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National Pollinator Week? What's that?
This week, all across the U.S., states are celebrating National Pollinator Week. This is the time for celebrating these remarkable creatures by creating friendly outdoor environments for them and spreading the word about the important role they play.
2020 has been THE year of the garden. Everyone I know seems to be growing their own vegetables or spending more time landscaping their yards thanks to the pandemic and (self) quarantine. We are no exception, though we typically garden throughout the year. So a lot of people are looking at making their gardens pollinator friendly... for the benefit of their gardens.
Pollinators help plants reproduce by transferring pollen between flowers and sometimes between plants. Pollen is produced by the male parts of a flower. When it transfers to the female part of a plant, fertilization happens and seeds are produced. For those of us growing vegetable gardens, this results in beautiful fruits and vegetables.
There are many types of pollinators, but the most common ones are bees, butterflies, hummingbirds, and bats. (Honey bees alone are an essential part of our commercial crops. They're responsible for more than 15 billion dollars worth of fruits, nuts, and vegetables!)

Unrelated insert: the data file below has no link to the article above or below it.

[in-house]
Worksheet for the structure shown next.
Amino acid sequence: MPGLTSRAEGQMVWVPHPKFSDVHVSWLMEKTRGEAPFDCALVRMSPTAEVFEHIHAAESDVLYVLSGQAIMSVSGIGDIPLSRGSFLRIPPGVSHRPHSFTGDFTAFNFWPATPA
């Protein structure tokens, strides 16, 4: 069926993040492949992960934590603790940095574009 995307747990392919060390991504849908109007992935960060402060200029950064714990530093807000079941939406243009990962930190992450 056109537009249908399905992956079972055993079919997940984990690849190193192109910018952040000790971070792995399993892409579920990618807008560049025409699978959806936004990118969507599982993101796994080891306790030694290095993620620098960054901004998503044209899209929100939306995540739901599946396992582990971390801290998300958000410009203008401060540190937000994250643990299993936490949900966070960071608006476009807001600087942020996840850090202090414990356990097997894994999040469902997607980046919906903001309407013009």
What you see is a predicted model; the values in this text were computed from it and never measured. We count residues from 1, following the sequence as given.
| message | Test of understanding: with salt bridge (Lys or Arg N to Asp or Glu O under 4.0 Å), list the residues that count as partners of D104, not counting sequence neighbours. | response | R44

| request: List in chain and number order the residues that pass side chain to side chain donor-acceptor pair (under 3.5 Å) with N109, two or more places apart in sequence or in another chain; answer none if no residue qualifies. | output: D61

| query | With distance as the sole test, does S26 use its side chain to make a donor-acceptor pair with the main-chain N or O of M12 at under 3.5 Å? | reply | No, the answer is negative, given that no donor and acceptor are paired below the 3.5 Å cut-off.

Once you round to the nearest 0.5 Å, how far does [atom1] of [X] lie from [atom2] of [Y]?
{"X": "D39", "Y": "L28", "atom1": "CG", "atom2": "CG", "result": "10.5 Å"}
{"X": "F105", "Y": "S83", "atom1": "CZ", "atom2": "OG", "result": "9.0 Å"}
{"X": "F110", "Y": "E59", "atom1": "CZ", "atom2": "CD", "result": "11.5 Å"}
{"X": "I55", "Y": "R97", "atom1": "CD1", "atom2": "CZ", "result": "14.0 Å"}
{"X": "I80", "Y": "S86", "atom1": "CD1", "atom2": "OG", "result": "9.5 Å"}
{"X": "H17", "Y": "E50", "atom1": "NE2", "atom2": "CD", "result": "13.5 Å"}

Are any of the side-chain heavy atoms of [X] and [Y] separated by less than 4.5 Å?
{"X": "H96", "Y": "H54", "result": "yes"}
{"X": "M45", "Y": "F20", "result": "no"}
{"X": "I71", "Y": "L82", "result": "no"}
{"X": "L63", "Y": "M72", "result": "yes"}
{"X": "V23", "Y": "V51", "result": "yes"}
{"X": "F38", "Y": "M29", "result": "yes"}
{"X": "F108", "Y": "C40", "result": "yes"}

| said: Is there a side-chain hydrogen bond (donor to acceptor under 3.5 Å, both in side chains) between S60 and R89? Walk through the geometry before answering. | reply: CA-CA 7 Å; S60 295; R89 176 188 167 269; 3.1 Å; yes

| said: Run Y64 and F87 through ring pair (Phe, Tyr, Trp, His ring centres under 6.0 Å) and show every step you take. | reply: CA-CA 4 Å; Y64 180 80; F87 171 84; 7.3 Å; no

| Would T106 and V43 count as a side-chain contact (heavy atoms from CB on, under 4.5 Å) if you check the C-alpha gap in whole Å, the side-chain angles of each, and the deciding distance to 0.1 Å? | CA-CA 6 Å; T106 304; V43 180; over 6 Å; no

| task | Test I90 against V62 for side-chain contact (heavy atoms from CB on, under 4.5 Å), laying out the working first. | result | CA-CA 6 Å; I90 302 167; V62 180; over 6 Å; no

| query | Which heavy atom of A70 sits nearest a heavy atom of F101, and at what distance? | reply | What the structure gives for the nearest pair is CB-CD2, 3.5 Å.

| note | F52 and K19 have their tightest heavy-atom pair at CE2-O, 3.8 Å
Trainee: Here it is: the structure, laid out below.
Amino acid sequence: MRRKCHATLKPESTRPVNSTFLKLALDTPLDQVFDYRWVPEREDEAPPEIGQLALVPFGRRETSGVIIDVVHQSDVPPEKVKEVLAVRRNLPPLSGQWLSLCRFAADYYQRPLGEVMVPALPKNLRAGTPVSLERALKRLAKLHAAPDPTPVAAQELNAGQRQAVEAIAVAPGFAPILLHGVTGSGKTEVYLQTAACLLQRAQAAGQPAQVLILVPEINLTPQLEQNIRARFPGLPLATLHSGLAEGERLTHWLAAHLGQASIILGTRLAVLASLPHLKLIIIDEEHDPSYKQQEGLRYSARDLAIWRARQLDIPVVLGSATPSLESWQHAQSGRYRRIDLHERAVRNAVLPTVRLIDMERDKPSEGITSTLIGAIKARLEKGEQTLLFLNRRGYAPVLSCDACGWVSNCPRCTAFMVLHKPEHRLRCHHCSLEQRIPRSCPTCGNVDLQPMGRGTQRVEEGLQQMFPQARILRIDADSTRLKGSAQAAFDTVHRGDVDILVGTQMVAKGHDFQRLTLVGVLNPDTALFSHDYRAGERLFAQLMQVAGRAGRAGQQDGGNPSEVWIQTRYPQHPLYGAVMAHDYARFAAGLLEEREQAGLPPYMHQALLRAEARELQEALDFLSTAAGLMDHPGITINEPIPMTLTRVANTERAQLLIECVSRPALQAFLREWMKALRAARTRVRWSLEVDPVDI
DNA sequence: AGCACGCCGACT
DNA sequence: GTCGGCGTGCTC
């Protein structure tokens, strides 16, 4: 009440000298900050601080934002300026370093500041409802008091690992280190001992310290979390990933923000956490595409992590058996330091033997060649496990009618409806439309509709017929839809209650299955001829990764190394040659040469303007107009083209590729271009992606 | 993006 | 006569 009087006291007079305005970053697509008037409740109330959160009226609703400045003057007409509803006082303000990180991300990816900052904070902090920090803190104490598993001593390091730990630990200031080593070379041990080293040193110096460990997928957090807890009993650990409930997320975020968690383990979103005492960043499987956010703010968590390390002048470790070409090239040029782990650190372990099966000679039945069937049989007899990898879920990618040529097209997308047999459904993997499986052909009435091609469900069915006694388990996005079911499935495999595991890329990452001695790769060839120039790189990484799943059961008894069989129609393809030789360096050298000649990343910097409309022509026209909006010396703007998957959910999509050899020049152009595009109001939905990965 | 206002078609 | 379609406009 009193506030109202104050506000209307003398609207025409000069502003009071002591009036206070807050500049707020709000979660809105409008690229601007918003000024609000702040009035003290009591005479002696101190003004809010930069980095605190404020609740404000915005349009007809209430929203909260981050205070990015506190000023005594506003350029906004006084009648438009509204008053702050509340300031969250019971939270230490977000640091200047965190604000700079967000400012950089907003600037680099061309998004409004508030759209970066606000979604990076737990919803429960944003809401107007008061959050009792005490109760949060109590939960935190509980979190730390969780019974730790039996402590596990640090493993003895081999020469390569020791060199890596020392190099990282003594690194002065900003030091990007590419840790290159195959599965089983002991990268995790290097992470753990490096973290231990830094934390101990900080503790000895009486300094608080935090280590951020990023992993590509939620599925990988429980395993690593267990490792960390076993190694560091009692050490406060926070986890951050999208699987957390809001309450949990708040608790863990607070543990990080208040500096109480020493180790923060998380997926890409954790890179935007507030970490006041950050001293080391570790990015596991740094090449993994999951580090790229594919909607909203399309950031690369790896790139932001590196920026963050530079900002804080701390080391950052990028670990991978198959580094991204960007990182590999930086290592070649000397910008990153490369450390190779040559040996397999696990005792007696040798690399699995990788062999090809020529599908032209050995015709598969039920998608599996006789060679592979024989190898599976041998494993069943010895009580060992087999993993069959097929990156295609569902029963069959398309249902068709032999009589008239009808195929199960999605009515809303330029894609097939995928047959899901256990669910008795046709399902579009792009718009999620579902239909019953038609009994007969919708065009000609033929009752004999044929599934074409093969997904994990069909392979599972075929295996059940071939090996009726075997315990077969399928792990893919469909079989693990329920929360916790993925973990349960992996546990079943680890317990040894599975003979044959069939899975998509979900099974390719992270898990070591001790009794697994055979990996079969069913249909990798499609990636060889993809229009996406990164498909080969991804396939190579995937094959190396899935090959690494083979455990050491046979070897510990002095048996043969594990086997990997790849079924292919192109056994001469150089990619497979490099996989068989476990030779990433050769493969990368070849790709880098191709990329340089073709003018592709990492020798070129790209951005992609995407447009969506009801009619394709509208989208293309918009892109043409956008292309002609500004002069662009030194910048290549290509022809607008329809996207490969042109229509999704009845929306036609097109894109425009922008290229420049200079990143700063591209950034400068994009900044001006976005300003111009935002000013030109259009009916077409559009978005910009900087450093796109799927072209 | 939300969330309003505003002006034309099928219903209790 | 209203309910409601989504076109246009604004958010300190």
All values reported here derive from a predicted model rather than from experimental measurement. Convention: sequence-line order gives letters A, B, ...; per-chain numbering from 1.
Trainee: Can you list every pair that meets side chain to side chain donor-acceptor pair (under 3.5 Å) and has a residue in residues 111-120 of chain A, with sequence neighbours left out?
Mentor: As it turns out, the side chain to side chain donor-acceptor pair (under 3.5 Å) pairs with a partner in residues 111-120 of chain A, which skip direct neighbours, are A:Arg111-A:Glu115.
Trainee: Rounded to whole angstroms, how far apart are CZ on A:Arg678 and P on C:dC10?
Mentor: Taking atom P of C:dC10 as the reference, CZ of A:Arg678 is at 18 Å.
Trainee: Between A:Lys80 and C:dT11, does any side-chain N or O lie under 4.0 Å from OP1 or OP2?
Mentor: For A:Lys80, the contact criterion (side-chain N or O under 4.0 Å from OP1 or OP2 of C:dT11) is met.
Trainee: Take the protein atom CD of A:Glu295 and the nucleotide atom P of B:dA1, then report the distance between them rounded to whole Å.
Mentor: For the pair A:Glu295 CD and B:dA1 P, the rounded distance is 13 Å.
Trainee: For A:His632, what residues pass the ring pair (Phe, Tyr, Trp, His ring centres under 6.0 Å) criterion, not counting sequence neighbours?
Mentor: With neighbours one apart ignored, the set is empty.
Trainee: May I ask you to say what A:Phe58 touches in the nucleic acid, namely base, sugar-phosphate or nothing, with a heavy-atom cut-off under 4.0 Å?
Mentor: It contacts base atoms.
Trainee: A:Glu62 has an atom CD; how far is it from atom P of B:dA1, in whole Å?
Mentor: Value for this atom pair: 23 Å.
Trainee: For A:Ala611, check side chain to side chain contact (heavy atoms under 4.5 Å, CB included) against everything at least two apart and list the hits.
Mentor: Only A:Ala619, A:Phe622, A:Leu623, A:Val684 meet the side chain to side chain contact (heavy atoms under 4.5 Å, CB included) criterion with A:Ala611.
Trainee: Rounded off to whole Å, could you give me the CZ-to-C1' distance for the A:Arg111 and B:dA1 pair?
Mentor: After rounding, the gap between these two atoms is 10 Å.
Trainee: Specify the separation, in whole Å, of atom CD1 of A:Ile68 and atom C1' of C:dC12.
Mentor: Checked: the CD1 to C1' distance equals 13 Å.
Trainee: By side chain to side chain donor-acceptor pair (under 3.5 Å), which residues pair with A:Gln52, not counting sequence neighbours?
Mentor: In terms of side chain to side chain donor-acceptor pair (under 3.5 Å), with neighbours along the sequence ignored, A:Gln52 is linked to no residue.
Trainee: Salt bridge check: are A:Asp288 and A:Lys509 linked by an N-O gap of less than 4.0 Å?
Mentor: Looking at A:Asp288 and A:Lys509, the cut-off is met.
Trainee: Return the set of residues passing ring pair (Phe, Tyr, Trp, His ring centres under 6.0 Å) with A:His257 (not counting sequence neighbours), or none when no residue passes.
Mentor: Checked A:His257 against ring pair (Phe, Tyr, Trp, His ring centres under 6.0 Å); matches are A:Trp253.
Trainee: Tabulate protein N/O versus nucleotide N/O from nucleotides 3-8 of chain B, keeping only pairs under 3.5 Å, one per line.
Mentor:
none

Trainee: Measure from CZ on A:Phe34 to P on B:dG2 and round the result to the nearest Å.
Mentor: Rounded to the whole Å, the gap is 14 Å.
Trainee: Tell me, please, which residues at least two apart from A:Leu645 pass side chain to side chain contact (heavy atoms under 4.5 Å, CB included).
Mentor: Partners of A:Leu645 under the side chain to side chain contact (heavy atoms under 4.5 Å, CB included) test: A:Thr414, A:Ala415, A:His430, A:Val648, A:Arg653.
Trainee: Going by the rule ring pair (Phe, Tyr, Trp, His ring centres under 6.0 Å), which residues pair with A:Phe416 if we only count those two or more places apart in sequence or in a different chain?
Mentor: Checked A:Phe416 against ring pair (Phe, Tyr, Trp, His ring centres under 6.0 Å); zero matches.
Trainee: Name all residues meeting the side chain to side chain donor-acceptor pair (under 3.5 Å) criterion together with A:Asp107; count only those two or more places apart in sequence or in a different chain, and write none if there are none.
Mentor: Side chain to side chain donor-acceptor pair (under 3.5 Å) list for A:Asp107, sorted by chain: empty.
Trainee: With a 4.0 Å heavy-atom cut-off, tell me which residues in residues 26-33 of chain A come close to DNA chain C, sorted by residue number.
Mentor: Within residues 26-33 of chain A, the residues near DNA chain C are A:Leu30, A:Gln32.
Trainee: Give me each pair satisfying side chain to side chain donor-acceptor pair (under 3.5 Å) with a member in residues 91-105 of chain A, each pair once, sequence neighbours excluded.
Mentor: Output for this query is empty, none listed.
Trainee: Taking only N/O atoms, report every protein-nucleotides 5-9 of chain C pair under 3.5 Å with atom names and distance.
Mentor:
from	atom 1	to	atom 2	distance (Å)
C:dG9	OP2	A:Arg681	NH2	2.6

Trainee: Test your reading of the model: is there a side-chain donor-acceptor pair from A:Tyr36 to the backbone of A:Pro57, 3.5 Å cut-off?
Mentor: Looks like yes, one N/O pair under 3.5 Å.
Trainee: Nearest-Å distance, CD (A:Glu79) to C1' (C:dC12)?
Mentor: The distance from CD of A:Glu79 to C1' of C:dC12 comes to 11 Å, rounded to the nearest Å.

Plants go to a lot of effort to attract pollinators. They produce flowers of different shapes, colors, and fragrances. For example, long tubular red and purple flowers are preferred by hummingbirds who use their long bills to drink the nectar deep inside.
Ah, the nectar! That's the plant's most precious lure and reward for pollinators who cannot resist the sweet liquid.
Some pollinators are very specialized. The squash bee, for instance, only feeds on squash, pumpkin, and gourd flowers.
But pollinators, in general, are endangered. Pesticides, especially, have had a harmful effect on pollinator populations.
Which is why we celebrate National Pollinator Week.
And as part of my way of celebrating, I've created a printable information sheet and coloring page that the kids can color while learning which type of flowers attract different pollinators. Click here to download them.
And don't forget that I have a free board game you can download and print, too. It's a sample activity from my larger Bees of the World Packet.